The municipal market continued its resurgence yesterday, as participants enjoyed the third straight session of significant gains.

Traders said the market continued its steep rally from Wednesday - when The Bond Buyer's 40-bond index posted the biggest gains since the index began in 1984 - with yields lower by eight to 10 basis points overall.

"What a difference a couple of days make," a trader in New Jersey said. "The selling pressure finally subsided, and the market is loosening up. When people were forced to deleverage, they really had no choice but to sell. Now without the selling and ratios as high as they are, munis look attractive. Now we're faced with some pent-up new-issue supply, but there's still a lot of areas where supply is thin."

"Obviously, the rally wasn't quite as steep as [Wednesday], but gosh, what is? That was a pretty historic one," a Los Angeles trader said. "But the tone is still very positive, and there's still a lot trading on both retail and institutional ends."

Meanwhile, American Insurance Group Inc. reclassified $270 million worth of muni bonds to "available for sale" from "held to maturity," according to spokesperson Peter Tulupman. AIG would not confirm that the bonds were being sold yesterday.

However, muni traders indicated AIG put a bid list in the market yesterday worth approximately $150 million, of which all but two blocks were traded.

"That AIG list is out there, but it didn't seem to really unnerve the market much," a trader in New York said. "The tone right now is very positive, so while something like this has the potential to derail that positive momentum a bit, it just wasn't happening right now."

Howard Mackey, president of the broker-dealer business unit of Rice Financial Products, said the fact that so much of the AIG list was absorbed was "an extremely positive indicator for the market."

"That in itself is fairly strong evidence that there is much more confidence in the marketplace," he said. "A few weeks ago, it would be very difficult to trade a list that size."

In the new-issue market yesterday, Citi priced $229.6 million of certificates of participation for Colorado. The bonds mature from 2009 through 2019, with term bonds in 2023 and 2027. Yields range from 2.55% with a 3% coupon in 2009 to 5.60% with a 5.5% coupon in 2027. The bonds, which are callable at par in 2018, are rated Aa3 by Moody's Investors Service and AA-minus by Standard & Poor's.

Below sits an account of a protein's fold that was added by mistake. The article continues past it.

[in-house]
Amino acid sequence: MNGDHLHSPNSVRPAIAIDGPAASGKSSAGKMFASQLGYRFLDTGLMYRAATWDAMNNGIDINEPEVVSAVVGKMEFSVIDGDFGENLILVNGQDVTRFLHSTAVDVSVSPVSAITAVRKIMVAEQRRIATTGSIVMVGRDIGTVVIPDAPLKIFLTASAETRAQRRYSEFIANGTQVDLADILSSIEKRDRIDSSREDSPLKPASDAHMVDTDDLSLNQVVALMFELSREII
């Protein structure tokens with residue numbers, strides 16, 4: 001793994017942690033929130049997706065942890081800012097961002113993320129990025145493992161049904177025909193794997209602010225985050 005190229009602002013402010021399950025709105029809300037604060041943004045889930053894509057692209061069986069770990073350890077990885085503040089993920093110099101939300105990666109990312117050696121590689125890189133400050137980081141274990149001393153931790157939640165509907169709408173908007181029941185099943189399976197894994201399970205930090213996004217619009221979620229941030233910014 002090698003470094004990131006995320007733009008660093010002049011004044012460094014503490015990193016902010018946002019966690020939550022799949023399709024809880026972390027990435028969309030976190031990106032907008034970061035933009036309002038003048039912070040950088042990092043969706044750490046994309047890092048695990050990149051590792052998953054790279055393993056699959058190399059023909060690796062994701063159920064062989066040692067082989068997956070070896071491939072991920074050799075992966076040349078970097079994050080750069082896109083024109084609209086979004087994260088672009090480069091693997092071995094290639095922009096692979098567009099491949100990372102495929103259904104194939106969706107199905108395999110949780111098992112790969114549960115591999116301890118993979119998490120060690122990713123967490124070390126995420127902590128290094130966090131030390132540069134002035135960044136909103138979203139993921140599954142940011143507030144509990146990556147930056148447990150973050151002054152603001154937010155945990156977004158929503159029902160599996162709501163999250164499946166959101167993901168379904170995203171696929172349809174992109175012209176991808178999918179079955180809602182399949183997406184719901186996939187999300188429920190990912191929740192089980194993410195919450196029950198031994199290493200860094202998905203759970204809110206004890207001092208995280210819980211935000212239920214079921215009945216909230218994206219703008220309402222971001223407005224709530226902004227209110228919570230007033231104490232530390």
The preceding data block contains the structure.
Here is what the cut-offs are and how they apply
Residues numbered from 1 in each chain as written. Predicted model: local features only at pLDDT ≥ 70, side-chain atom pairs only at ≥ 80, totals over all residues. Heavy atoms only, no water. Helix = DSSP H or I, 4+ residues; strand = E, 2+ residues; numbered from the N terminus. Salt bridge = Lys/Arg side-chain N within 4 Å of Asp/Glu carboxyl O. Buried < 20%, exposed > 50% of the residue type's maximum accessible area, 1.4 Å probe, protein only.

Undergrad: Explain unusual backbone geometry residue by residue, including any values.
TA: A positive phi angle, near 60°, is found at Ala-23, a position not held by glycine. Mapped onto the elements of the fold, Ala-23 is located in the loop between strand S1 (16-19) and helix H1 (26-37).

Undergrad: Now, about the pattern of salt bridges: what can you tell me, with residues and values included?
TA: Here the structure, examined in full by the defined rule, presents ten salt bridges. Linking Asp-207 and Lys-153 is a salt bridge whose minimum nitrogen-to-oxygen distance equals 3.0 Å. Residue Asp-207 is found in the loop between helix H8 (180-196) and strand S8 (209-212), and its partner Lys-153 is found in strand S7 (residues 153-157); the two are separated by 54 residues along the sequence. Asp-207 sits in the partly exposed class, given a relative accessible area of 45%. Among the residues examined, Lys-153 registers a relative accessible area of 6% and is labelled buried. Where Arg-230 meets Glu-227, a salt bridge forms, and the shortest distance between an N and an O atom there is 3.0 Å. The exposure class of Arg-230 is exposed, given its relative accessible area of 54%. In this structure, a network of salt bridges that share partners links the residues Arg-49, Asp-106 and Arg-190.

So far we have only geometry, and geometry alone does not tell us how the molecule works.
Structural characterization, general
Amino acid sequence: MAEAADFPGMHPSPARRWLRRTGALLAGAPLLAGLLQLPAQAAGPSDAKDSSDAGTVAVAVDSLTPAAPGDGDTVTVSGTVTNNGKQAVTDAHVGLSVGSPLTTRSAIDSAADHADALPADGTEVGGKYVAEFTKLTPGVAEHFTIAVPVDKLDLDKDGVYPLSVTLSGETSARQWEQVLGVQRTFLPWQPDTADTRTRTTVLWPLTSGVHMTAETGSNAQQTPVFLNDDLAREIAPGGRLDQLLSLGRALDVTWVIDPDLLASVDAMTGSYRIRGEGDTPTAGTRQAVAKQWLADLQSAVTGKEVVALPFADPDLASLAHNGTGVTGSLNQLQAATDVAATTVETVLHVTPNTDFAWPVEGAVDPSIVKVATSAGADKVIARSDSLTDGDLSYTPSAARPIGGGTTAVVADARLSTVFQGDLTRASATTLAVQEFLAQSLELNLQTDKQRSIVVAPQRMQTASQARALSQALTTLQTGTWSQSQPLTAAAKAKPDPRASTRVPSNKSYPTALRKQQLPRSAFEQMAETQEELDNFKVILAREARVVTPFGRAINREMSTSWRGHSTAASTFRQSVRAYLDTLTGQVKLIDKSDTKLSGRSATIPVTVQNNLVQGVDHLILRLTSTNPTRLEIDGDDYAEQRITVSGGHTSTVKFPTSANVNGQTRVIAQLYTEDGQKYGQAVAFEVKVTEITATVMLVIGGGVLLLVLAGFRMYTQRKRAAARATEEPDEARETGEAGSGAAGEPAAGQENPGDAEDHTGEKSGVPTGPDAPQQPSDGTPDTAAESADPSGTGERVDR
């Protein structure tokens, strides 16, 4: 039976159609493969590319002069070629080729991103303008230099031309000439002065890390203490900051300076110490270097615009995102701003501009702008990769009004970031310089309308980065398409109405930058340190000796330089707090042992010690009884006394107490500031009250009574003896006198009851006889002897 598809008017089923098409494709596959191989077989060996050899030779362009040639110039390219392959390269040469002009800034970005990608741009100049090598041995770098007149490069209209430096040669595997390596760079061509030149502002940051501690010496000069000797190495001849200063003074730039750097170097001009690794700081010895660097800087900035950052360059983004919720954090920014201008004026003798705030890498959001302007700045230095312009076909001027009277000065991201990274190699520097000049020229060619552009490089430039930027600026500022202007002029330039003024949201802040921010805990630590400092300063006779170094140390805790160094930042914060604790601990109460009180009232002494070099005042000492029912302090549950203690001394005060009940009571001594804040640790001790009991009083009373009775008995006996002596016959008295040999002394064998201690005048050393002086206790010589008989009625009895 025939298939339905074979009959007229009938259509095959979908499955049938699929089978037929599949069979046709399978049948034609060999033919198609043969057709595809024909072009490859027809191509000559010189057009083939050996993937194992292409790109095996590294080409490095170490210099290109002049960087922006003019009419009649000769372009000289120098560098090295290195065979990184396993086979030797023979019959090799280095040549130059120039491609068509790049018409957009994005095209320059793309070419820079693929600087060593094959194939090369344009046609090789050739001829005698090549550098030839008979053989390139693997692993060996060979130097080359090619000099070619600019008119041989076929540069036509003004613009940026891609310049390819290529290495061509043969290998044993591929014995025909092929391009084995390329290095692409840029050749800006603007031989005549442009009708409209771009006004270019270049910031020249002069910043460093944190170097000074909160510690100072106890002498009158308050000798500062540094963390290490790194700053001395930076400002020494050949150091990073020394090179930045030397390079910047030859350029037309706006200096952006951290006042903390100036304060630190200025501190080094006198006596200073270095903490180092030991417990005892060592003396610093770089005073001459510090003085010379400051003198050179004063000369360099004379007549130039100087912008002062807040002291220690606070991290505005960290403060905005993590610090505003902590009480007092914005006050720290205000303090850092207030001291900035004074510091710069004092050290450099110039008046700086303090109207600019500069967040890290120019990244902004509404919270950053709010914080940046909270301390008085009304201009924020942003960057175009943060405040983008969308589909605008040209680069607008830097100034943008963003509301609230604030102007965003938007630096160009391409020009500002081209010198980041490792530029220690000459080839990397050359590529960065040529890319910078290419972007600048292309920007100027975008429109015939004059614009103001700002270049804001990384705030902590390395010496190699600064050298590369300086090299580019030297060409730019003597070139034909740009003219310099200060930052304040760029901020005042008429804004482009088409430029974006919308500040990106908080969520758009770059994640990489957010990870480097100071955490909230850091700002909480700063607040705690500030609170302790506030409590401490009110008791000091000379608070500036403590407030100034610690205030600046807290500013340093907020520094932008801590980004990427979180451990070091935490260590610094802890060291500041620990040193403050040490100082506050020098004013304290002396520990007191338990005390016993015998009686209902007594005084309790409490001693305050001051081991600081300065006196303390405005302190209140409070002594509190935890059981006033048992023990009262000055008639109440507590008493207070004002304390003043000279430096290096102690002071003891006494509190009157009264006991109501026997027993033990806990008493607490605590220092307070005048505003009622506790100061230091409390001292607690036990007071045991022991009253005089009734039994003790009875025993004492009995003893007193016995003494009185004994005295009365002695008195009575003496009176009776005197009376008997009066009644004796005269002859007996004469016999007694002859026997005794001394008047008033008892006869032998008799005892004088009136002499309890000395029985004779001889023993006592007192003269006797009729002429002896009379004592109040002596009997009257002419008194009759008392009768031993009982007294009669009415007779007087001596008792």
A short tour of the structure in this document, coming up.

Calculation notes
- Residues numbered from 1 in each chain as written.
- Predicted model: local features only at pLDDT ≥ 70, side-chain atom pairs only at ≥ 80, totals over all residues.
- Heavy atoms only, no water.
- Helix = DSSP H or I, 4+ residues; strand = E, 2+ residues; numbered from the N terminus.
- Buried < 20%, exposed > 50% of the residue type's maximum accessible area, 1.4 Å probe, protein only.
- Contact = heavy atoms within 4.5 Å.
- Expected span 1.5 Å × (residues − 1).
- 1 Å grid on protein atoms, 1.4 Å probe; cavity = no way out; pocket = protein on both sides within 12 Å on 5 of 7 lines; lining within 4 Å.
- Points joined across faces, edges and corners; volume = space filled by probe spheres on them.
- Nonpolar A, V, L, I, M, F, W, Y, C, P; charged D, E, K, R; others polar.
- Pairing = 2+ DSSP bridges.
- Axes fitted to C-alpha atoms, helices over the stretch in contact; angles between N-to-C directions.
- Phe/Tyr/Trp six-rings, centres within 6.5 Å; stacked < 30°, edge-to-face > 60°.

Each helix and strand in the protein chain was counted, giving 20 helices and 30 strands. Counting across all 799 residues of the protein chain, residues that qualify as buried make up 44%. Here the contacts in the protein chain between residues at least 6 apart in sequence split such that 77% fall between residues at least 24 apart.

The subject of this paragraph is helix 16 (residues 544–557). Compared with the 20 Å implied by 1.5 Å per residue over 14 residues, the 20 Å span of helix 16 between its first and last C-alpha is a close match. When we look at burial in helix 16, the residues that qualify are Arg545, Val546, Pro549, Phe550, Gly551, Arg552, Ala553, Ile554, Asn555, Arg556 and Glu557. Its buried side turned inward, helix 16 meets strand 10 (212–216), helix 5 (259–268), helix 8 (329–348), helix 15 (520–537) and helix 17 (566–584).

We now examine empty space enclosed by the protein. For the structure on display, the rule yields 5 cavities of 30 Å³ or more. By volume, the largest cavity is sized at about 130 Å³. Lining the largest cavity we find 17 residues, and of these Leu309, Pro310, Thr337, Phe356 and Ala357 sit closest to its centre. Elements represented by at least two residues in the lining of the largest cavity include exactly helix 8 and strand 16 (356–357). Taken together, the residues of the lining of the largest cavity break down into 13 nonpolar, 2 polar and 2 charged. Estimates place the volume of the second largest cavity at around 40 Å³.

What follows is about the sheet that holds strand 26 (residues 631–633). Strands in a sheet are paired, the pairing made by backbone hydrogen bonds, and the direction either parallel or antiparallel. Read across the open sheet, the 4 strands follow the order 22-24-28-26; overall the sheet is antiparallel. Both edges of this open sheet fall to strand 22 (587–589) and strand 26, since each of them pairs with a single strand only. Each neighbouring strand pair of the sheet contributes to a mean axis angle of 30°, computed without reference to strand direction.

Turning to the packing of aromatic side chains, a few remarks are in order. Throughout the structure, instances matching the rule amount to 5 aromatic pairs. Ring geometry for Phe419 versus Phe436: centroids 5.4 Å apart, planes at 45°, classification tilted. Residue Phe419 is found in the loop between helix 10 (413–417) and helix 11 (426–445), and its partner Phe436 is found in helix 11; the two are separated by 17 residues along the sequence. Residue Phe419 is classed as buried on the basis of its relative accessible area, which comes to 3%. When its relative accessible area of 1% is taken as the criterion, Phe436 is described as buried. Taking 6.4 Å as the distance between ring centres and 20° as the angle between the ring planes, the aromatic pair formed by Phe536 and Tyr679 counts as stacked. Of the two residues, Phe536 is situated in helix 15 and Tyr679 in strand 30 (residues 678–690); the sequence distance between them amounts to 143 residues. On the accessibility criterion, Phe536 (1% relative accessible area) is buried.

Morgan Stanley priced $127.3 million of senior-lien wastewater system revenue refunding bonds for the Phoenix Civic Improvement Corp. The bonds mature from 2016 through 2021, with yields ranging from 4.25% in 2016 to 5.18% in 2024, all with 5.5% coupons. The bonds, which are callable at par in 2018, are rated Aa3 by Moody's and AAA by Standard & Poor's.

JPMorgan priced $101.2 million of revenue bonds for the Oklahoma Municipal Power Authority. The bonds mature from 2015 through 2020, with term bonds in 2028 and 2038. Yields range from 4.75% with a 5% coupon in 2015 to 6.00% priced at par in 2038. The bonds, which are callable at par in 2018, are rated A2 by Moody's and A by Standard & Poor's.

The Beaufort County, S.C., School District competitively sold $62.2 million of general obligation bond anticipation notes to Goldman, Sachs & Co. with a net interest cost of 1.61%. The notes mature in November 2009, yielding 1.60% with a 2.5% coupon. The credit is rated MIG-1 by Moody's and SP-1-plus by Standard & Poor's.

Wachovia Bank NA priced $55.7 million of notes for Ohio's Maple Heights City School District. The notes mature in Nov. 2009, yielding 2.60% with a 3.5% coupon. The issuer is rated A2 by Moody's, while the notes are rated MIG-1 by Moody's.

Trades reported by the Municipal Securities Rulemaking Board showed gains yesterday. A dealer bought from a customer California 5.25s of 2038 at 5.85%, down 10 basis points from where they traded Wednesday. Bonds from an interdealer trade of insured New York Metropolitan Transportation Authority 5s of 2031 yielded 5.44%, nine basis points lower than where they were sold Wednesday. A dealer sold to a customer Port Authority of New York and New Jersey 5s of 2025 at 6.12%, eight basis points lower than where they were sold Wednesday. Bonds from an interdealer trade of insured Los Angeles Unified School District 5s of 2030 yielded 5.50%, down 10 basis points from where they traded Wednesday. A dealer sold to a customer Illinois Finance Authority 5.5s of 2038 at 6.57%, down nine basis points from where they traded Wednesday.

The Treasury market, however, was mixed yesterday. The yield on the benchmark 10-year Treasury note, which opened at 3.60%, was quoted near the end of the session at the same level. The yield on the two-year note was quoted near the end of the session at 1.52% after opening at 1.50%. And the yield on the 30-year bond, which opened at 4.06%, was quoted near the end of the session at 3.99%.

In economic data released yesterday, initial jobless claims came in at 478,000 the week ended Oct. 18 after a revised 463,000 the previous week. Economists polled by Thomson Reuters had predicted 470,000 initial jobless claims.

Continuing jobless claims came in at 3.720 million the week ended Oct. 11, after a revised 3.726 million the previous week. Economists polled by Thomson had predicted 3.760 million continuing jobless claims.

Jack Herman contributed to this column.

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